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This Day in Pop Culture for November 9

The Mayflower

1620: Pilgrims on the Mayflower See Land

The Mayflower left London with about 65 passengers in July of 1620. It was to travel with the Speedwell, but after springing two different leaks, the passengers of the Speedwell joined those on the Mayflower making the total traveler count to about 130. It wasn’t until this day in November that our forefathers actually saw land. It was Cape Cod. The ship dropped anchor on November 21 with two less people. The first exploration took place on November 27. The crew and guests lived on the Mayflower throughout the winter and lost about half of people due to illness, but on March 21, 1621, the remaining disembarked onto their new home.

1994: Disney’s Skyways Last Stops

The skyway, one of Disneyland’s most popular rides, opened on June 23, 1956 – almost a year after the park itself opened. Built by Von Roll, Ltd in Bern Switzerland, it was the first of its kind in the U.S. It provided a new way of getting across the park with a wide view from Fantasyland to Tomorrowland. It was only open for a little over the year before it was closed as the Matterhorn Bobsleds ride was being built. When finished in 1959, the “mountain” left room for the skyway ride to travel through. Sadly, the ride made its last journey on this day in 1994. It had been rumored that the ride was shut down after a stunt made by a park guest who leapt from one of the ride’s gondola’s unto a tree below. In truth, it was because of safety concerns of metal fatigue of the ride’s towers. Ironically, the sister attraction at the Magic Kingdom in Florida closed on the same day in 1999. In 2015, Disneyland gave a tribute of sorts to the Skyway by placing a number of wrecked gondolas within the Matterhorn ride near the Abominable Snowman who lurks there. Then in 2009, the ride was revived in Disney World. Sort of. A new Disney Skyliner was built to provide transportation from some of the resorts’ hotel properties to Disney’s Hollywood Studios and Epcot. It opened in 2019. (Image: Disneyland Resort)

My Fair Lady

1964: ‘My Fair Lady’ Comes to Theaters

My Fair Lady, the movie adapted from the stage musical of the same name adapted from the play, Pygmalion, was released in theaters on this day in 1964. The story centers on Professor Henry Higgins who bets that he can refine the loud, poor, Cockney flower girl, Eliza Doolittle. Though Rex Harrison and Julie Andrews starred in the recent stage version, Jack L. Warner (the head of Warner Bros. at the time) chose to cast Audrey Hepburn instead of Andrews because he wanted “a star with a great deal of name recognition” and Andrews did not have any film experience. Ironically, the star with no film experience then became the lead in a little film by Walt Disney called Mary Poppins. And it is not Hepburn’s voice you hear singing in the movie. That voice belonged to Marni Nixon as Hepburn’s was considered “inadequate.” Directed by George Cukor, My Fair Lady had a budget of $17 million and was the most expensive movie to be shot in the U.S. at that time. The film was nominated for 12 Academy Awards and won eight including Best Picture, Best Directing and Best Actor. It also won three Golden Globes for Best Motion Picture, Best Director and Best Actor. (Image: HBO)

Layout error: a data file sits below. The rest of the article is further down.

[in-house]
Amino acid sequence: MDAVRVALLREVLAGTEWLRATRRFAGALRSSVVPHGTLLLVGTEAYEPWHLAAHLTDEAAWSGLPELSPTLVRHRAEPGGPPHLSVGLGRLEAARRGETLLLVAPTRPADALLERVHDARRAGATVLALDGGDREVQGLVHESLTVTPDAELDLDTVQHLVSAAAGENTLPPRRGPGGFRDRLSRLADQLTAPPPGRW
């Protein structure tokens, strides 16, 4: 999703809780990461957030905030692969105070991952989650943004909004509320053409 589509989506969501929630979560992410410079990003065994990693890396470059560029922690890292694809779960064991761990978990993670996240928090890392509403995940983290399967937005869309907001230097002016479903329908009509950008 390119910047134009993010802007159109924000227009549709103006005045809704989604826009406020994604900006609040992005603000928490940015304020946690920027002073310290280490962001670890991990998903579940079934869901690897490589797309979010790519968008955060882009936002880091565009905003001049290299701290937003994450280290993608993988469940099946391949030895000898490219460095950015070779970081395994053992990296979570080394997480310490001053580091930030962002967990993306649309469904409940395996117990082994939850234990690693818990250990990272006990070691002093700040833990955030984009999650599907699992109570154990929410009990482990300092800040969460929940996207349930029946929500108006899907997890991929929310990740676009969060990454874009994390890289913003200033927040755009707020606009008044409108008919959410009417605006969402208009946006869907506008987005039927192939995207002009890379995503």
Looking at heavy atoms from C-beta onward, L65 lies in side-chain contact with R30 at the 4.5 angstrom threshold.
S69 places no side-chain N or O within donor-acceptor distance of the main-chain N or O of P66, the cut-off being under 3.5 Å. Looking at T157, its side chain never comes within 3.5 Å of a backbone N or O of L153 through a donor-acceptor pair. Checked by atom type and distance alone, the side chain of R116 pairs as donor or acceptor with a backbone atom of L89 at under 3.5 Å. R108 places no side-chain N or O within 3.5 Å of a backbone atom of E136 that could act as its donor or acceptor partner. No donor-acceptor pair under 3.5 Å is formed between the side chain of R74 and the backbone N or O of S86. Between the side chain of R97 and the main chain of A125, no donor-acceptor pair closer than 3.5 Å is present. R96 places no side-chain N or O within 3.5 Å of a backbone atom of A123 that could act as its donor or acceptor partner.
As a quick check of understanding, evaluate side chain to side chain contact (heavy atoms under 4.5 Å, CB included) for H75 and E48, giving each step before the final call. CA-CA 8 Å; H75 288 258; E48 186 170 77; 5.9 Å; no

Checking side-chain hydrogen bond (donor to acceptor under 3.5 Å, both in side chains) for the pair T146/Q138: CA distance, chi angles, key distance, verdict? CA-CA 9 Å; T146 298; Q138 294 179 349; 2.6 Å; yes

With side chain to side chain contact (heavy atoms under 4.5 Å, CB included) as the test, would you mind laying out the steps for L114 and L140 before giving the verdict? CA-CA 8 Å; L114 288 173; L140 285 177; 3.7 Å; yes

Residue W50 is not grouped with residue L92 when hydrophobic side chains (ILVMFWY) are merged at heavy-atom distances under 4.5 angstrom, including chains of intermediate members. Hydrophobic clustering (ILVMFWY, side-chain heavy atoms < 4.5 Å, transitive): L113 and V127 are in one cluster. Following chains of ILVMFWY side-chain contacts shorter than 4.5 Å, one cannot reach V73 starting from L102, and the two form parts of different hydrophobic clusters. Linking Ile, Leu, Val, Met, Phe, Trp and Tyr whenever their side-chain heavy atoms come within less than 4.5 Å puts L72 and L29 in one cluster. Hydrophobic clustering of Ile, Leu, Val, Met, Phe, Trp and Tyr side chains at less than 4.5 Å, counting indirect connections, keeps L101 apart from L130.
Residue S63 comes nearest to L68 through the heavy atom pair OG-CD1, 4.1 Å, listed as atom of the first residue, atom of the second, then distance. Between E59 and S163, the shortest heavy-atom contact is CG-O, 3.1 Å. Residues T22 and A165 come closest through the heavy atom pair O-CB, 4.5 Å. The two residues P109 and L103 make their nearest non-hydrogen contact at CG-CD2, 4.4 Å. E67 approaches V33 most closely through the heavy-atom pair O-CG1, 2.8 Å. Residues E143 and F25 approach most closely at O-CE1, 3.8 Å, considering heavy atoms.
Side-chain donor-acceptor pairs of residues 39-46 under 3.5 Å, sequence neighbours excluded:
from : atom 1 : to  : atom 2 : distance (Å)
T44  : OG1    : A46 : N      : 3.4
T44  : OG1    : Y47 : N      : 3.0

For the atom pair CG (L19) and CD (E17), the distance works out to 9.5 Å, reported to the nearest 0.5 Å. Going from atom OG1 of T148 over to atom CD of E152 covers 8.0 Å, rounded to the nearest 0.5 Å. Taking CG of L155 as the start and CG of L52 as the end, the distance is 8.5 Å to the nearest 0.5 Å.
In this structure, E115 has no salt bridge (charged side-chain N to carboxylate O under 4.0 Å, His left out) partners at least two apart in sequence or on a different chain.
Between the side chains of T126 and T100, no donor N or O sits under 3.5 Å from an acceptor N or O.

Movies Released

  • A Nightmare on Elm Street (1984)
  • Child’s Play (1988)
  • Fred Claus (2007)
  • J. Edgar (2011)
  • Lincoln (2012)
  • Mickey’s Once Upon a Christmas (1999)
  • My Fair Lady (1964)
  • No Country for Old Men (2007)
  • Shallow Hal (2001)
  • Skyfall (2012)
  • The Grinch (2018)

TV Series Debuts

Famous Birthdays

  • 1926: Zig Ziglar (author)
  • 1946: Sally Field (actress)
  • 1972: Rebecca Romijn (model)
  • 1988: Emma Stone (actress)

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Jeffrey Totey View All

I write about pop culture, arts and entertainment in the greater Seattle area.

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